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Puerto Rican immigration Published: February 24, 2011
Puerto Rico is a Caribbean island commonwealth of the United States, located about 1,000 miles southeast of Miami.
Proposition 187 (Save Our State Initiative) Published: February 24, 2011
Proposition 187 was a controversial California anti-immigration initiative approved by California voters on November 8, 1994.
Prince Edward Island Published: February 24, 2011
Ile-St.-Jean (Isle St. John) was claimed for France by SAMUEL DE CHAMPLAIN in 1603.
Portuguese immigration Published: February 24, 2011
The Portuguese have a long tradition of migration—to Brazil, to North America, and to other European countries.
Polish immigration Published: February 24, 2011
Poles represent the largest eastern European immigrant group in the United States and the second largest in Canada, behind Ukrainians.
Plyler v. Doe (1982) Published: February 24, 2011
In its 1982 ruling, the U.S. Supreme Court found that the state of Texas had failed to support sufficiently its case for the legitimate right of the state to deny education to illegal immigrants.
Pilgrims and Puritans Published: February 24, 2011
The Pilgrims and the Puritans were two theologically related Christian groups that developed within the Church of England in the 16th century.
Picture brides (mail-order brides) Published: February 24, 2011
This informal term refers to women who married single immigrant men they had never met but with whom they had exchanged photographs, usually through family intermediaries.
Philadelphia, Pennsylvania Published: February 24, 2011
Philadelphia became in the 1680s William Penn’s “greene countrie towne,” the capital city of the ethnically diverse Pennsylvania colony.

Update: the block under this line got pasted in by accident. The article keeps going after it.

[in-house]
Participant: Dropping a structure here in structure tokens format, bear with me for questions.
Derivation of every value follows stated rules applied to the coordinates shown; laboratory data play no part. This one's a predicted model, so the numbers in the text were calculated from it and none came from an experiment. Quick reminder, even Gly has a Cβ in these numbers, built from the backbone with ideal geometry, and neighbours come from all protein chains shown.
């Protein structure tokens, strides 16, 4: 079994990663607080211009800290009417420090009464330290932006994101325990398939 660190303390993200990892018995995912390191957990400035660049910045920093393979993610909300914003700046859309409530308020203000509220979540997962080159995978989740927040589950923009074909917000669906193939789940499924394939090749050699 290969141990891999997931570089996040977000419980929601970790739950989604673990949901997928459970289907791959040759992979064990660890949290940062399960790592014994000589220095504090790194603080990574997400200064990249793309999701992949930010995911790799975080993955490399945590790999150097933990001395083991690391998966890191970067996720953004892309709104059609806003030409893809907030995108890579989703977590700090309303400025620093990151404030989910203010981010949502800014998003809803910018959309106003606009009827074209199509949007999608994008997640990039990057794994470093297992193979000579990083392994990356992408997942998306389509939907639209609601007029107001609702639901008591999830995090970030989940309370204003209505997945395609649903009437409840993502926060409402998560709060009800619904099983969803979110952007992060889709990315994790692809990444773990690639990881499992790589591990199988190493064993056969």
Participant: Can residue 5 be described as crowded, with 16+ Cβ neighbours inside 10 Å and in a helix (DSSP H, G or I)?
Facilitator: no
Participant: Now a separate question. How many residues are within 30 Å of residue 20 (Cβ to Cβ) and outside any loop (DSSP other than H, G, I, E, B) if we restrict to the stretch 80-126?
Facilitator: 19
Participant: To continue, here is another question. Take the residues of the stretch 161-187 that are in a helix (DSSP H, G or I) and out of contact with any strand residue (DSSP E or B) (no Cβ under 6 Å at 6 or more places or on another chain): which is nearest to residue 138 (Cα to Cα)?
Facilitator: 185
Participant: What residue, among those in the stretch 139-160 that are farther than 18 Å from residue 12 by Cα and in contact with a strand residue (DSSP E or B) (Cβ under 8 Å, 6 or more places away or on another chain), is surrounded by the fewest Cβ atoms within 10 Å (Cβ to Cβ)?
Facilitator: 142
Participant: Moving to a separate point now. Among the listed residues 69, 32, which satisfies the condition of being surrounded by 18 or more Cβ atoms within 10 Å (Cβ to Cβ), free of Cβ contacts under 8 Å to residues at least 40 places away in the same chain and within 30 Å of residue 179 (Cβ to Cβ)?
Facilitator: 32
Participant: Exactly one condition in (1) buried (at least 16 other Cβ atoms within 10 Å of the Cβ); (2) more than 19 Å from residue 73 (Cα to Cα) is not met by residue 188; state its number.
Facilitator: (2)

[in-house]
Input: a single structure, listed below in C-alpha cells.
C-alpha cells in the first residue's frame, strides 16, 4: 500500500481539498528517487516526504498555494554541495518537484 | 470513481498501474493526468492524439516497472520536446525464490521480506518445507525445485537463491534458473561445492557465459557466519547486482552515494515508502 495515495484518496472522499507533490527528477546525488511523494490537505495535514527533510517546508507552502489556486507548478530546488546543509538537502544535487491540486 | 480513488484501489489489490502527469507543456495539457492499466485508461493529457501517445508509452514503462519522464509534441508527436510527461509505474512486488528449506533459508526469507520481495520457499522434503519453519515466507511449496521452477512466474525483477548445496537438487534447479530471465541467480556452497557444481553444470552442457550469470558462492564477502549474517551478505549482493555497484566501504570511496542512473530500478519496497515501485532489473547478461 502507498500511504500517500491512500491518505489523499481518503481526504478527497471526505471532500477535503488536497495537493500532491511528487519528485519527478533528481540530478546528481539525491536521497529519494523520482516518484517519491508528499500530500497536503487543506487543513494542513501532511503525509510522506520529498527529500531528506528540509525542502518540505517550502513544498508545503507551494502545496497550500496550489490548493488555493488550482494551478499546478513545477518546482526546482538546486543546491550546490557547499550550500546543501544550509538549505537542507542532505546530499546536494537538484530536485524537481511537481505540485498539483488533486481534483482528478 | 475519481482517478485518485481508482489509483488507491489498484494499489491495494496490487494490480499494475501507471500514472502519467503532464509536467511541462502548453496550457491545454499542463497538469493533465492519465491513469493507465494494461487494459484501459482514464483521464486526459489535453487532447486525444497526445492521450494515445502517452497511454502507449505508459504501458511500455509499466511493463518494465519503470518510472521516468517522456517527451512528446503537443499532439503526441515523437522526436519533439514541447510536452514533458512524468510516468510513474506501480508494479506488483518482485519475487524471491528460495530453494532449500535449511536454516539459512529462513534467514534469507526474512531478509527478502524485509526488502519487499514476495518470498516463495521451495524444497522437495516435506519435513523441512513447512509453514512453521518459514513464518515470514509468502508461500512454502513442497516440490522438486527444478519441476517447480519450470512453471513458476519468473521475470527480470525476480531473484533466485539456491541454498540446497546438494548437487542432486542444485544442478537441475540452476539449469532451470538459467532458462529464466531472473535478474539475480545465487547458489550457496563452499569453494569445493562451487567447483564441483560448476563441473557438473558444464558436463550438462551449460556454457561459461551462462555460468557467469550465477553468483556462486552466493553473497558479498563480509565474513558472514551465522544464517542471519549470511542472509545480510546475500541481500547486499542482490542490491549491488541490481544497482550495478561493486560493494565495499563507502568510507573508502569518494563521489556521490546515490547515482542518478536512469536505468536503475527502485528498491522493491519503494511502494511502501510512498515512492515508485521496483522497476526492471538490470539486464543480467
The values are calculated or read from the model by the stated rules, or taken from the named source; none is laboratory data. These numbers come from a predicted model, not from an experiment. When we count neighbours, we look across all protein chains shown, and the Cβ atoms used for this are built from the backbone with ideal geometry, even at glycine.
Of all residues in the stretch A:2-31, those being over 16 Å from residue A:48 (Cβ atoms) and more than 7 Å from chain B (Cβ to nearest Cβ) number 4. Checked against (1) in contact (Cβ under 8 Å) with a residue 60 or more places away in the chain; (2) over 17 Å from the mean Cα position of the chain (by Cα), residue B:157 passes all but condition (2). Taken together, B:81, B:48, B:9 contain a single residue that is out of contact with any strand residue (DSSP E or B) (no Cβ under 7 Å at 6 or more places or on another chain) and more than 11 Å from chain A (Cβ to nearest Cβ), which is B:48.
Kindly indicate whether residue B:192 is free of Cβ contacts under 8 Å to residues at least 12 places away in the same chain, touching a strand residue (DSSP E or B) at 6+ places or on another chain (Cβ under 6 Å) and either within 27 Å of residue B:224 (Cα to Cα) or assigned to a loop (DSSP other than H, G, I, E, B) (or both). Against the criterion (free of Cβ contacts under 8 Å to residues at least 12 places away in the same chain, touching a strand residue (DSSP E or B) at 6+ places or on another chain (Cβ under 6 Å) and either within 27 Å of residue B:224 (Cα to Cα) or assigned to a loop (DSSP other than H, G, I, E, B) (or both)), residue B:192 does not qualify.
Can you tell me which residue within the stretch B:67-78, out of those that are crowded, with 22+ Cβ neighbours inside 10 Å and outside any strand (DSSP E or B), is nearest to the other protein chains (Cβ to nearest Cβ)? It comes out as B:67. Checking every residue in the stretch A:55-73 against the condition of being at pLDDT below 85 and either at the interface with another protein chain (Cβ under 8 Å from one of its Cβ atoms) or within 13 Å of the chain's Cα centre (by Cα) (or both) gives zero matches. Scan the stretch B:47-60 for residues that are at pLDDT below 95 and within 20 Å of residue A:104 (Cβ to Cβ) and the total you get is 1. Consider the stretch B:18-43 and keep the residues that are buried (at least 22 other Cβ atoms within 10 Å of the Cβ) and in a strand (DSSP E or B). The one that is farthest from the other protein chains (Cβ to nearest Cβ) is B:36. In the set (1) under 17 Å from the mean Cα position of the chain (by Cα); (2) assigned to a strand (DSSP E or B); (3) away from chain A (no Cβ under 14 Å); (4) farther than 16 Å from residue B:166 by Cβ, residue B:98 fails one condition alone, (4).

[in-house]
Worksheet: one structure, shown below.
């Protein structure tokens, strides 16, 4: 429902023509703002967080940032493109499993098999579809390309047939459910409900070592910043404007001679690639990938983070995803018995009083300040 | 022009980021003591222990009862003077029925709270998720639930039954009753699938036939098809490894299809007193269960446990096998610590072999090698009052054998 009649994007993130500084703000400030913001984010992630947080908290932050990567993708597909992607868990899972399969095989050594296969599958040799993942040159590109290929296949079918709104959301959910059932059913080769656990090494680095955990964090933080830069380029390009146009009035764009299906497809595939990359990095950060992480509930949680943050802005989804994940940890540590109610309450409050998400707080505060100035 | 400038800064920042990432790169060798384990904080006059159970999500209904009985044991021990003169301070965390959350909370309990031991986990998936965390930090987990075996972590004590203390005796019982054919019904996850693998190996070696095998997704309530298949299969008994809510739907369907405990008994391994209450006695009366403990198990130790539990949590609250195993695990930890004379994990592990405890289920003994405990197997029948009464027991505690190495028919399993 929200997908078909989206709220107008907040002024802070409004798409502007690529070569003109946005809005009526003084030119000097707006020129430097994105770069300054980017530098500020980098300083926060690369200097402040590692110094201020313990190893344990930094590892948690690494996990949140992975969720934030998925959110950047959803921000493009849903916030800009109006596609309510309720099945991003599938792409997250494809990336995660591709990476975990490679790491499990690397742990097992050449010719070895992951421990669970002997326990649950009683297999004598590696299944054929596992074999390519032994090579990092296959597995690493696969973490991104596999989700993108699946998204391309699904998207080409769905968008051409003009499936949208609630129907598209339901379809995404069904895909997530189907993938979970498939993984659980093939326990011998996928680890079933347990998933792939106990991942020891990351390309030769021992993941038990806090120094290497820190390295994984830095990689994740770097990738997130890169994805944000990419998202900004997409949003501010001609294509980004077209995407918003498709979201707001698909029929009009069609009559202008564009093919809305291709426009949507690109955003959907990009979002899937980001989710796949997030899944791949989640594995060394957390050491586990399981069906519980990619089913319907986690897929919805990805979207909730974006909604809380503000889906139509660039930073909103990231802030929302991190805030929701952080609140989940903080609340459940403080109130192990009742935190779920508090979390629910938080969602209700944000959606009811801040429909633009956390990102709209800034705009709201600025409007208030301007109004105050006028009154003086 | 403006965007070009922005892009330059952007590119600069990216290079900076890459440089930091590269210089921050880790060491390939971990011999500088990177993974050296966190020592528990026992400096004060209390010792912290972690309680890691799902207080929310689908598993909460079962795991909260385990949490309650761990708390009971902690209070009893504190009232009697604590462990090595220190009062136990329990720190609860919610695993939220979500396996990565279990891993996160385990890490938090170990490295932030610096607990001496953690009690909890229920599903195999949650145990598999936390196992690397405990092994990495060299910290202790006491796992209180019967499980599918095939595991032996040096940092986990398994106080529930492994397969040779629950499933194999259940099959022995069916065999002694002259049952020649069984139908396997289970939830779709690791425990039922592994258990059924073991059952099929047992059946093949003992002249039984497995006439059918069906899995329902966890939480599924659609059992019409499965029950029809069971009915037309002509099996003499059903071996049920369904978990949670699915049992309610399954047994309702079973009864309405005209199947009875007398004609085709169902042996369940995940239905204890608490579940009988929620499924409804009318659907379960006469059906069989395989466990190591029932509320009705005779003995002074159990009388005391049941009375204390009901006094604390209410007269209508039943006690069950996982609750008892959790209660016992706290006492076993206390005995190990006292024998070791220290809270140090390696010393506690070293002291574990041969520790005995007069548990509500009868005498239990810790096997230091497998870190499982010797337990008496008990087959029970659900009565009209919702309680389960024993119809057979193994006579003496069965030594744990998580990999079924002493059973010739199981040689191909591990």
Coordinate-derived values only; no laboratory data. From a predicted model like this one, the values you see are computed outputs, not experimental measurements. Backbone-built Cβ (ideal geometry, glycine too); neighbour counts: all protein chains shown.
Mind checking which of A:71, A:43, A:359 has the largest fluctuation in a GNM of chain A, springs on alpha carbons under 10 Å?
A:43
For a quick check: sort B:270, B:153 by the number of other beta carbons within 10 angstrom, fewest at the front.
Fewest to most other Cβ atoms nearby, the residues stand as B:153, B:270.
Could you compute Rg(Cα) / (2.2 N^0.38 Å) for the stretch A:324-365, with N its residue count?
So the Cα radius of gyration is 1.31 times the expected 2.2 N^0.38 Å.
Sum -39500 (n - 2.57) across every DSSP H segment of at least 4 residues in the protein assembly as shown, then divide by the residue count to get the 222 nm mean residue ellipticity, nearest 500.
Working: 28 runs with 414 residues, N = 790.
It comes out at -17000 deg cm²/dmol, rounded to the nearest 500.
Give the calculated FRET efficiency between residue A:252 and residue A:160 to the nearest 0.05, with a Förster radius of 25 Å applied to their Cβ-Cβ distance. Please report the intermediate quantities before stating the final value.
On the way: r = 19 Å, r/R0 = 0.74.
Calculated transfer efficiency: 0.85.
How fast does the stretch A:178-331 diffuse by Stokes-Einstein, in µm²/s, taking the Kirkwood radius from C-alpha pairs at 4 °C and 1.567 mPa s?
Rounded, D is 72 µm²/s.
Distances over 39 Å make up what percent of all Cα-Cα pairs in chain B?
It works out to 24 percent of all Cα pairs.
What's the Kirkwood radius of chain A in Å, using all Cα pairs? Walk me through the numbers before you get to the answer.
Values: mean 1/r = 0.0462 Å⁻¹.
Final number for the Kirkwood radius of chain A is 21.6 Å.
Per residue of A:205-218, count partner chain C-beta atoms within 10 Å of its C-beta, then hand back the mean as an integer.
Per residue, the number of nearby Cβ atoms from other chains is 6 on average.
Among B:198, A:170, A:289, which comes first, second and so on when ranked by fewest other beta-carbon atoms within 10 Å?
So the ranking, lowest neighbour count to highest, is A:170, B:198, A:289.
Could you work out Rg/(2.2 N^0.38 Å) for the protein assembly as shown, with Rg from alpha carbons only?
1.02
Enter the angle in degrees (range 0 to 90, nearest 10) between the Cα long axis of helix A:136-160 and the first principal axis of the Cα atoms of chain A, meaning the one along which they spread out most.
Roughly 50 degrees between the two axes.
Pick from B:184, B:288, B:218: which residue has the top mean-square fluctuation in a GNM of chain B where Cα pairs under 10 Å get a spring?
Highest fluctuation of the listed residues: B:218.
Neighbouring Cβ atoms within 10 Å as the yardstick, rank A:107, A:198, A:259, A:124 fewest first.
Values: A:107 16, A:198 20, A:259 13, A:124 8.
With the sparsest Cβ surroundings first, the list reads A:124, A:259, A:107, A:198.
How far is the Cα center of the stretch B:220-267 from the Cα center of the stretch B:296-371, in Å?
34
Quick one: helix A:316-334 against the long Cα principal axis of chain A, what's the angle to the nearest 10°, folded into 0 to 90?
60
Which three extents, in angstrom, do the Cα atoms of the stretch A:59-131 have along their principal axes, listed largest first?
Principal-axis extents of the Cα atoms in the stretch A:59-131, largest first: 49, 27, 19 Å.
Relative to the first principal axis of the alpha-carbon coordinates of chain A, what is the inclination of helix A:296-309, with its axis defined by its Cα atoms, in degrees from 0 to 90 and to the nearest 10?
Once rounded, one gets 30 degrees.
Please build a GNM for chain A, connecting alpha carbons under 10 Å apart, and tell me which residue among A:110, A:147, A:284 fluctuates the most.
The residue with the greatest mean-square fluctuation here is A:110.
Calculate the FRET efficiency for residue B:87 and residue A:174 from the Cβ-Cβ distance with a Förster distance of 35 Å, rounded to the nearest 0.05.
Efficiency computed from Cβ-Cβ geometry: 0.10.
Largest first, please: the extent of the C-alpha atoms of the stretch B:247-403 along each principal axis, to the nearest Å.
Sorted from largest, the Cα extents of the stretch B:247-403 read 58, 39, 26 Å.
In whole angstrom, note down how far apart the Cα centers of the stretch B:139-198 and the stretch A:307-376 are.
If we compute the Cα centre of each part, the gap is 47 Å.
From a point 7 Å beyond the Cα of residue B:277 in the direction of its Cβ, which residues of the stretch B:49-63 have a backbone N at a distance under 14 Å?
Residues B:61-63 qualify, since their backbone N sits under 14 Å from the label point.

Peruvian immigration Published: February 24, 2011
Significant Peruvian immigration to North America began in the 1960s and reflects the unusually diverse ethnic heritage of South America’s third largest country.
Pennsylvania colony Published: February 24, 2011
Frustrated with the proprietary politics in the New Jersey colony, William Penn founded Pennsylvania in 1681.
William Penn (1644–1718) colonist, religious leader Published: February 24, 2011
The founder of the Pennsylvania colony, William Penn brought religious tolerance and cultural diversity to the English colonies in America.
P.C. 695 (Canada) (1931) Published: February 24, 2011
In 1931, the Canadian cabinet passed Order-in-Council P.C. 695 prohibiting almost all immigration in order to meet the growing challenges of economic depression.
John Orlando Pastore (1907–2000) politician Published: February 24, 2011
The first Italian-American governor and U.S. senator, John Pastore represented the post–World War II shift in public opinion that enabled politicians of southern and eastern European descent to play a more prominent role in statewide and national politics.
Palestinian immigration Published: February 24, 2011
Palestinians are Arabs and generally were counted as part of Ottoman or Arab immigration figures prior to World War II (1939–45).
Pakistani immigration Published: February 24, 2011
Pakistanis only began to immigrate to North America in significant numbers since the mid-1960s, when immigration policies in both the United States and Canada abandoned racial quotas.
Page Act (United States) (1875) Published: February 24, 2011
The Page Act was the first piece of American legislation to attempt to directly regulate immigration.
Padrone system Published: February 24, 2011
A padrone (from the Italian padroni for “patrons” or “bosses”) was a middleman in the labor trade, helping poor immigrants obtain transportation to North America, jobs upon arrival, and basic needs in an alien society.
Pacific Islander immigration Published: February 24, 2011
The islands of the vast Pacific Ocean stretch over thousands of miles but have a small total population.